Construction, Health and Wellness, Injuries and Illness

NIOSH’s Latest Recommendations for Construction IEQ

The National Institute for Occupational Safety and Health (NIOSH) released detailed recommendations to help employers maintain acceptable indoor environmental quality (IEQ) and reduce exposures to dusts, gases, and contaminants during construction and renovation projects.

Air quality coughing

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The institute has conducted several health hazard evaluations (HHEs) at worksites where health concerns were reported at building and renovation projects in occupied buildings. NIOSH investigators who conducted the HHEs identified issues that could affect IEQ, such as a lack of dust control, limited communication with occupants about hazards related to the work being done, and the use of high-emissions building materials.

Construction, demolition, renovation, or repair projects sometimes involve tasks that can release airborne dusts, gases, organic vapors, microbiological contaminants, and odors or produce high levels of noise.

Building occupants may report symptoms during these projects such as congestion, dizziness, fatigue, headaches, nausea, and sinus problems, as well as irritation of the eyes, nose, or throat.

Workers in spaces adjacent to these construction projects also have reported health complaints. Such symptoms may result from exposures to known agents or a perceived risk from exposure to unknown agents, according to environmental and occupational health researchers.

However, they also found that exposures to construction materials, dampness, and mold can be linked to asthma and asthma-like symptoms.

Employers at worksites in occupied buildings can reduce and control exposures for workers and building occupants with a number of methods, including:

  • Ensuring that contractors on construction and renovation projects understand and are aware of the potential impact of construction and renovation activities on building occupants;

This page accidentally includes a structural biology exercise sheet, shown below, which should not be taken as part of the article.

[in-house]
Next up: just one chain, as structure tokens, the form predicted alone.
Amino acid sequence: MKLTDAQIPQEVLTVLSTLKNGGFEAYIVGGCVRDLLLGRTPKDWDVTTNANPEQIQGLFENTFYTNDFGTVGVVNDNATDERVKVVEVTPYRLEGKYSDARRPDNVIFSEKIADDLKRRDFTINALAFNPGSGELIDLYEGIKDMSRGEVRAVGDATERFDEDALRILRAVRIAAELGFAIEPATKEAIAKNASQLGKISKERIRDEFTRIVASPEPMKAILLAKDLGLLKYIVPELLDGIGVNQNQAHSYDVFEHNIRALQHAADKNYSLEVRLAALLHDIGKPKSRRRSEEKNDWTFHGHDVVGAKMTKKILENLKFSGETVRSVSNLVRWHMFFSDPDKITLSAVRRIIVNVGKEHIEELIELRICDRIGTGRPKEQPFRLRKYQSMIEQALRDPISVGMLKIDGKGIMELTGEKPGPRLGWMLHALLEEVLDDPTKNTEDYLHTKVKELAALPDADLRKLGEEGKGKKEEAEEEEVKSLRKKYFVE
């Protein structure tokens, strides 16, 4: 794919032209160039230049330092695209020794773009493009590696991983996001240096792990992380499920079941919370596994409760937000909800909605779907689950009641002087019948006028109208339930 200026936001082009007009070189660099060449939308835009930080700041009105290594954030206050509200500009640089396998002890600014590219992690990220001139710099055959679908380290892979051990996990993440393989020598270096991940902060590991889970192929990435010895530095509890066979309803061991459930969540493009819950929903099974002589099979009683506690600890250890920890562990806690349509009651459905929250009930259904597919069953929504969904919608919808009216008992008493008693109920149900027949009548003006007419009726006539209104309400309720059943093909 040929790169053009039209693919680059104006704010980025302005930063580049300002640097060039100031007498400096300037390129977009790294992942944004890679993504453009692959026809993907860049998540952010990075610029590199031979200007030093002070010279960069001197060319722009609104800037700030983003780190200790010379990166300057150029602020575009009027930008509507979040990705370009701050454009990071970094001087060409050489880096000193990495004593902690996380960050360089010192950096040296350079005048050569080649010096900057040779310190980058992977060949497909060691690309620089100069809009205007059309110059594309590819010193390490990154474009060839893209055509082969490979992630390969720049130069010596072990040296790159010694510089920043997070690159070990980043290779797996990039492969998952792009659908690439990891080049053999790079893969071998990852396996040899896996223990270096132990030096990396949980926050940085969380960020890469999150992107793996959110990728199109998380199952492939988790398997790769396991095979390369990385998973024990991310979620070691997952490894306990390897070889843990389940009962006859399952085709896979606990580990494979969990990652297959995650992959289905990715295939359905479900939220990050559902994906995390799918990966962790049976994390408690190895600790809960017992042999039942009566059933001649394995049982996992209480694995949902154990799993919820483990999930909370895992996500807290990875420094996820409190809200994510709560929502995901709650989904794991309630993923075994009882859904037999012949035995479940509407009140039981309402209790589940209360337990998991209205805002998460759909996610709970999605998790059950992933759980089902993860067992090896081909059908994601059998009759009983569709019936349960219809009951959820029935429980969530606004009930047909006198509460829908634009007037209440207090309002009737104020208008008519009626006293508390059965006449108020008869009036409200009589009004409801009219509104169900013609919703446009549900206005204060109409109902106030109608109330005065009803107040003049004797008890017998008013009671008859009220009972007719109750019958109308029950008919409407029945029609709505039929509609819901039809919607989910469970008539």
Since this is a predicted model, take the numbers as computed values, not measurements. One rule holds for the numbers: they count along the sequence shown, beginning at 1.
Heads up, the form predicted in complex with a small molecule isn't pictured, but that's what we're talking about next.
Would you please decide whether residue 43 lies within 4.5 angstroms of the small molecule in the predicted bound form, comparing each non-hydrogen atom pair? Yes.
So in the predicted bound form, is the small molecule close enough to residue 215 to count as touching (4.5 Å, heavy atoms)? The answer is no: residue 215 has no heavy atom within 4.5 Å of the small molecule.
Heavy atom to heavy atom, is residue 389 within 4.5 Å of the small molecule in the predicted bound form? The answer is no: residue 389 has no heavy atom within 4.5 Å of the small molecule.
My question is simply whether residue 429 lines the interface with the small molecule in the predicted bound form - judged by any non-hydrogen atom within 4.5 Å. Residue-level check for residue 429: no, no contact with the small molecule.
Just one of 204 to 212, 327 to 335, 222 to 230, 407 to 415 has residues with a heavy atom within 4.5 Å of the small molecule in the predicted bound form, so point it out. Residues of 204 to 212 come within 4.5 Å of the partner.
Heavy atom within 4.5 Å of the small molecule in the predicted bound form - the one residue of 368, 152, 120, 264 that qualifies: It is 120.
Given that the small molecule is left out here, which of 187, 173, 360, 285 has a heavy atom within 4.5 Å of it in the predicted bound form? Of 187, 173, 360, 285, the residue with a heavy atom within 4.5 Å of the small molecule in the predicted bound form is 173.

• Anticipating construction and renovation activities that may generate contaminants; and
  • Implementing controls to minimize exposures of both construction workers and building occupants.

NIOSH examined instances that included an office building undergoing a multiyear modernization project and a school that had undergone renovations that included the addition of administrative space, classrooms, and a library, as well as communications systems, electrical wiring, plumbing, and ventilation systems.

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NIOSH developed recommendations for maintaining acceptable IEQ during construction and renovation projects based on its experiences from IEQ site visits and a review of the scientific literature.

Employers need to seek input from building managers, engineers, the general contractor, and subcontractors, as well as building occupants, to maintain acceptable IEQ during construction and renovation activities.

There also are federal regulations and standards for certain exposures, such as:

  • The Occupational Safety and Health Administration’s (OSHA) standards for asbestos and lead;
  • The EPA’s Asbestos Hazard Emergency Response Act (AHERA) regulations for school-building demolition and renovation projects; and
  • The EPA’s Asbestos National Emissions Standards for Hazardous Air Pollutants (NESHAP).

NIOSH’s recommendations include guidance for initial planning; contract bid specifications; control options for specific tasks and building configurations; protections for heating, ventilation, and air conditioning (HVAC) systems; project specifications; good work practices; means of effective communications; and steps to take once projects are completed.

Employers also can find guidance in industry best practices from the American Society of Heating, Refrigerating, and Air-Conditioning Engineers and the Sheet Metal and Air Conditioning Contractors’ National Association, the institute noted.